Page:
Wednesday, June 15, 2011

Baked Gray Squirrel

Some time back I saw a gray squirrel in the street dart in front of a car and get hit. It laid like a lump in the center of the street while the car continued onward. I went over to inspect the dead squirrel and found that any damage to the squirrel was internal, there was no external bleeding. 
So I picked up the squirrel by its long, bushy tail, 
and within five minutes was opening up the front of the squirrel with kitchen shears, 
exposing the pink flesh inside. 
It was still very warm. I've never been real close to a gray squirrel and I was impressed by the beautiful fur and by how large it was. The skin clings tenaciously to the torso and it takes real effort to get it to come off. 
Above the back hips I found the internal bleeding where the car had done the damage. I was reminded of the first time I ever cooked anything. I was about eight years old, about 1965, and a quail was killed when it flew into one of the back windows of our house. I plucked it, found a recipe with the help of my mother, and then baked it in the oven. I remember it was very good. I was channeling this inner-child when Judy came out and found what I was doing. She was as mad at me as I've seen her in a long time, or ever. She was disgusted that I had my hands in that disease-laden squirrel and there was no way I was going to eat that thing. Well, I figured that I had already encountered whatever parasites, ticks or plague that might be inhabiting the squirrel and decided I might as well finish the job. 
I figured if I froze the squirrel and waited awhile to see if I survived the skinning, I would have survived the most ominous risk of encountering this rodent.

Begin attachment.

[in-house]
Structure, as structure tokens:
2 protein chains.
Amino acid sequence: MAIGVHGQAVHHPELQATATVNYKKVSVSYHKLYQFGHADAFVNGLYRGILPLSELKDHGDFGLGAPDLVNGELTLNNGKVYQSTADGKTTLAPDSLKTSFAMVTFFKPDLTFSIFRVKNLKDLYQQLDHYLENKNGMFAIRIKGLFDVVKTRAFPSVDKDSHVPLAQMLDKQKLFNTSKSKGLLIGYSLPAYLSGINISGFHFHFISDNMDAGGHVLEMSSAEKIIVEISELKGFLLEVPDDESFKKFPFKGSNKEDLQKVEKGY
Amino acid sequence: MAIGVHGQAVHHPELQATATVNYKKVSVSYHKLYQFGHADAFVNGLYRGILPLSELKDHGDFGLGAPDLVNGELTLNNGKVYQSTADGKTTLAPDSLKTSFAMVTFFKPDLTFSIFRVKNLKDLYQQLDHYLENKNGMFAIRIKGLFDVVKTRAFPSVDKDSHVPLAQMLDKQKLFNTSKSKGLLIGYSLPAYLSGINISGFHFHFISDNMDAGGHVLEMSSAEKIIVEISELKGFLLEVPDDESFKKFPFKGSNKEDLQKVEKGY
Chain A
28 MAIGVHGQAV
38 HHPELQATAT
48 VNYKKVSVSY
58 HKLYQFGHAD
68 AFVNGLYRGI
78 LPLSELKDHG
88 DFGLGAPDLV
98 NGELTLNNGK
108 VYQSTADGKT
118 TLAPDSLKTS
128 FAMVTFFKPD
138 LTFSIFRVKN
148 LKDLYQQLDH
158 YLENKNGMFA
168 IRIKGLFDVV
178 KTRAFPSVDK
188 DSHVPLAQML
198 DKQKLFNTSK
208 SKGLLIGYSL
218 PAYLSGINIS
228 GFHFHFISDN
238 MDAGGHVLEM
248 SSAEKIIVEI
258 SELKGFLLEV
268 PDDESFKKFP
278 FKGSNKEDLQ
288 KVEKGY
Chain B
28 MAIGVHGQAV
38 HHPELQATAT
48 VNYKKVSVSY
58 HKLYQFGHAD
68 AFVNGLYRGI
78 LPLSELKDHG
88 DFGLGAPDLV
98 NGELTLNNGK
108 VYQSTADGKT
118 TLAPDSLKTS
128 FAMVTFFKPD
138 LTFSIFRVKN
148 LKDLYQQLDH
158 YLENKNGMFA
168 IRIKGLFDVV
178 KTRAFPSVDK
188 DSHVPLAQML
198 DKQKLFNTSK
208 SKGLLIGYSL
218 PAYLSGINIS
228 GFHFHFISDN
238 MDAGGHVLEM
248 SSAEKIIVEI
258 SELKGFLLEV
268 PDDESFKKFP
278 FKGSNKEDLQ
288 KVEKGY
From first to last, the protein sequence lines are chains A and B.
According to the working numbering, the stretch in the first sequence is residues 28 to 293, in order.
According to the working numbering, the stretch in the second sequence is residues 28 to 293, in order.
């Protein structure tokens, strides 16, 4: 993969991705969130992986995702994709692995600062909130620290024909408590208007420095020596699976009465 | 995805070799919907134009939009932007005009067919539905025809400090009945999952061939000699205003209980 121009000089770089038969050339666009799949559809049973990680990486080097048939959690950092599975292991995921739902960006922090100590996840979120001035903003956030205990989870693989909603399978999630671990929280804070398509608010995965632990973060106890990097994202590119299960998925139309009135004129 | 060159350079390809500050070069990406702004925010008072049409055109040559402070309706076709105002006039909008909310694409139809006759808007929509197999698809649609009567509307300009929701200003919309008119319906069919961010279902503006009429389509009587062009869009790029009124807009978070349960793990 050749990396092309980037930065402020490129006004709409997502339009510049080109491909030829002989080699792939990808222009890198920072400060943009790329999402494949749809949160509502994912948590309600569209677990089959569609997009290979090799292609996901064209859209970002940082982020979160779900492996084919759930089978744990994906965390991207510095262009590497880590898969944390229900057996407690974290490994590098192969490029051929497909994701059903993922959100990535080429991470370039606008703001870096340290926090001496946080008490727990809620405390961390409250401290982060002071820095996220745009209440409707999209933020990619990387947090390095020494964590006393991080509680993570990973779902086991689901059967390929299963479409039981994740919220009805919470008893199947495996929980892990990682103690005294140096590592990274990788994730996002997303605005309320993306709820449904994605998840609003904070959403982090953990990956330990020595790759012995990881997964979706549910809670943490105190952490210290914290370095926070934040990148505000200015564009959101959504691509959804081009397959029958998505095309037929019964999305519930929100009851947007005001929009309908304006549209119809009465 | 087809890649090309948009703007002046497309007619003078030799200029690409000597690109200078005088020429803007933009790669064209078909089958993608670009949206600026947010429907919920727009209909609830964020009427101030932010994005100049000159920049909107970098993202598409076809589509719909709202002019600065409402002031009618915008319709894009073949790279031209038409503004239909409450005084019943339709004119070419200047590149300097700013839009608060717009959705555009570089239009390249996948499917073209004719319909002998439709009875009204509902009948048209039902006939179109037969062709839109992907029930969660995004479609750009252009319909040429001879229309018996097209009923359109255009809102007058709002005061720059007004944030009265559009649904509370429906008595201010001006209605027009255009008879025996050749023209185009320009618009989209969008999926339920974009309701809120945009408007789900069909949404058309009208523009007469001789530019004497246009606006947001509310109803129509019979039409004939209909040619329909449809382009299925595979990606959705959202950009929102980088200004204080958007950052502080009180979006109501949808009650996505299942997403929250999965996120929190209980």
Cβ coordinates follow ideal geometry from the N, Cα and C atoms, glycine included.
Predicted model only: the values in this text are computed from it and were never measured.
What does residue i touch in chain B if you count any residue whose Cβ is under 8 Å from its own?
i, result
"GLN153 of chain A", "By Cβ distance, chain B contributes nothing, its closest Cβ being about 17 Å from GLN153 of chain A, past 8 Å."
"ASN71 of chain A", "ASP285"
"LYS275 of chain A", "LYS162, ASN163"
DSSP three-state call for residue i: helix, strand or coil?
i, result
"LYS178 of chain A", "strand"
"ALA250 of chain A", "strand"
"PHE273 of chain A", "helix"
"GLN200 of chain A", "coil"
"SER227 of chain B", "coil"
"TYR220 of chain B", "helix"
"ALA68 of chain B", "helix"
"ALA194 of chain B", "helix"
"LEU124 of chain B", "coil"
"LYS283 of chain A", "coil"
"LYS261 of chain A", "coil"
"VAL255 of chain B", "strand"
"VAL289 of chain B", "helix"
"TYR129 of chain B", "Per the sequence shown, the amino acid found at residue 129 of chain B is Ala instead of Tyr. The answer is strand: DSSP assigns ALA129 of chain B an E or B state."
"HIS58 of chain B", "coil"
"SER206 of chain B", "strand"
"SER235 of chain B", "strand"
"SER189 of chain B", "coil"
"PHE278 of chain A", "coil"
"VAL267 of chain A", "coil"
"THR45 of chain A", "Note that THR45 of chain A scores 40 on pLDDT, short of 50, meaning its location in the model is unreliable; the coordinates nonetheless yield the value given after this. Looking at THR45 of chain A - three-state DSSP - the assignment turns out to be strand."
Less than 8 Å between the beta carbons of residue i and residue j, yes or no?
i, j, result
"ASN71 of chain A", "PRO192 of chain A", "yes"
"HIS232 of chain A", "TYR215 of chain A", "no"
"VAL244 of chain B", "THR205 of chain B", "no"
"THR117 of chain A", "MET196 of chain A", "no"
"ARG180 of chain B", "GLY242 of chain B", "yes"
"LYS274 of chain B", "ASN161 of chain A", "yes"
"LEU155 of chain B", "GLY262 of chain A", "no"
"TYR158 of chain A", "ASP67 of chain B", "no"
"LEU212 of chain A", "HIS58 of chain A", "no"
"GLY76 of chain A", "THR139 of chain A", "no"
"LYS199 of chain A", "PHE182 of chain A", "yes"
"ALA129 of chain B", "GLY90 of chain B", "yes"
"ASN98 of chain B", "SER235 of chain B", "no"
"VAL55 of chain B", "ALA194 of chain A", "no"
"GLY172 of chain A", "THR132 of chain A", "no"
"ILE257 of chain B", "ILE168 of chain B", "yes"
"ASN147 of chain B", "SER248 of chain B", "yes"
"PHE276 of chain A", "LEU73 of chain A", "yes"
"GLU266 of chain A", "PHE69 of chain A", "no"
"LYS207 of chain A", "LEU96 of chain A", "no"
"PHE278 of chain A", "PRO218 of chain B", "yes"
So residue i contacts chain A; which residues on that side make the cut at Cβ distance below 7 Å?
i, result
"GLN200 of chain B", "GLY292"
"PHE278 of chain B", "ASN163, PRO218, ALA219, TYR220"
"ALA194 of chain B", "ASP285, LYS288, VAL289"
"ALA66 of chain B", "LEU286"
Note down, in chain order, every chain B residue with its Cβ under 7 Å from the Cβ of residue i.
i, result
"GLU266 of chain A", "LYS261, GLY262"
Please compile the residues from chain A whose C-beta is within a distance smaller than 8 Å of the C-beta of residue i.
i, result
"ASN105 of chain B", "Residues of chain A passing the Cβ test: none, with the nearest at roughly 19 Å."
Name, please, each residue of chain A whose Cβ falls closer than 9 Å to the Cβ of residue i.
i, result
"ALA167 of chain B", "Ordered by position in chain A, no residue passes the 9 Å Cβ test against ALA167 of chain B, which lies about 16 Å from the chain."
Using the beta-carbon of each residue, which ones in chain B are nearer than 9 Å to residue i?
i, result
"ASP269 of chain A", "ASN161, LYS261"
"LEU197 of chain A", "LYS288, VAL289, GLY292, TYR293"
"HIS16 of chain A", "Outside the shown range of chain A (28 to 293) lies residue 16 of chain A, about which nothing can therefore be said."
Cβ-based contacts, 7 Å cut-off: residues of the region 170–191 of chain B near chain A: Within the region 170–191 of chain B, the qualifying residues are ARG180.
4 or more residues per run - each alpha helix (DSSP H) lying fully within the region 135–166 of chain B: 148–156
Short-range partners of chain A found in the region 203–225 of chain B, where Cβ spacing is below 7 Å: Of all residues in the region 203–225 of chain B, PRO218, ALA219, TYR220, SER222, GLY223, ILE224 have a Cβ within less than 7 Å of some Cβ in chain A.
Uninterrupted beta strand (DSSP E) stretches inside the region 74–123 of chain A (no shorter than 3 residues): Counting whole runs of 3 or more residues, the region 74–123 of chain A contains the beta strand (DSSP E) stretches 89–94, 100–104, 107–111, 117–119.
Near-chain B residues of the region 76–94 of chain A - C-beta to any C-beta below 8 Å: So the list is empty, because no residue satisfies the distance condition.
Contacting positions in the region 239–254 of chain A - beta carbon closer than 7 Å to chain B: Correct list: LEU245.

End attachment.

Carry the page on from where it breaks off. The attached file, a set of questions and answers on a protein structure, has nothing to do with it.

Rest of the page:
Then if I cooked it, later, anything in the meat would most likely be killed by the cooking. The squirrel was actually quite beautiful. It had lots of nice flesh, and after removing the tail, head and ends of all four legs, I put it in multiple layers of plastic bags. I was going to take it to work and put it in the freezer there, but Judy assured me she would not throw it away if I put it in our outside freezer. 
To find a recipe for squirrel, I looked in the 1964 edition of Joy of Cooking by Irma Rombauer and Marion Rombauer Becker. This dated to about the same time as the cookbook out of which I got my quail recipe. It said that when cooking squirrel, "Gray squirrels are the preferred ones." So far so good. It suggested you can "Stuff and roast squirrels as for Pigeons..." So I turned to the recipe for "Potted Pigeons or Squabs" and found that I needed to preheat the oven to 350 degrees, then dredge the squirrel with seasoned flour, which was in another part of the book and consisted of one cup flour, 1 teaspoon of salt, 1/4 teaspoon of pepper and 1/8 teaspoon of nutmeg (which I used) or ginger. Then melt the butter and saute the squirrel slowly in the butter until it is just seared. After searing the squirrel, add to the butter in the pan, 1/4 cup of chopped onion, 1 diced carrot and 1/4 cup of celery. We didn't have celery so I just used a 1/2 cup of chopped onion instead. I stirred these ingredients for 3 minutes. I realize now that I should have stuffed the squirrel with the vegetables, but instead, I cut the squirrel in half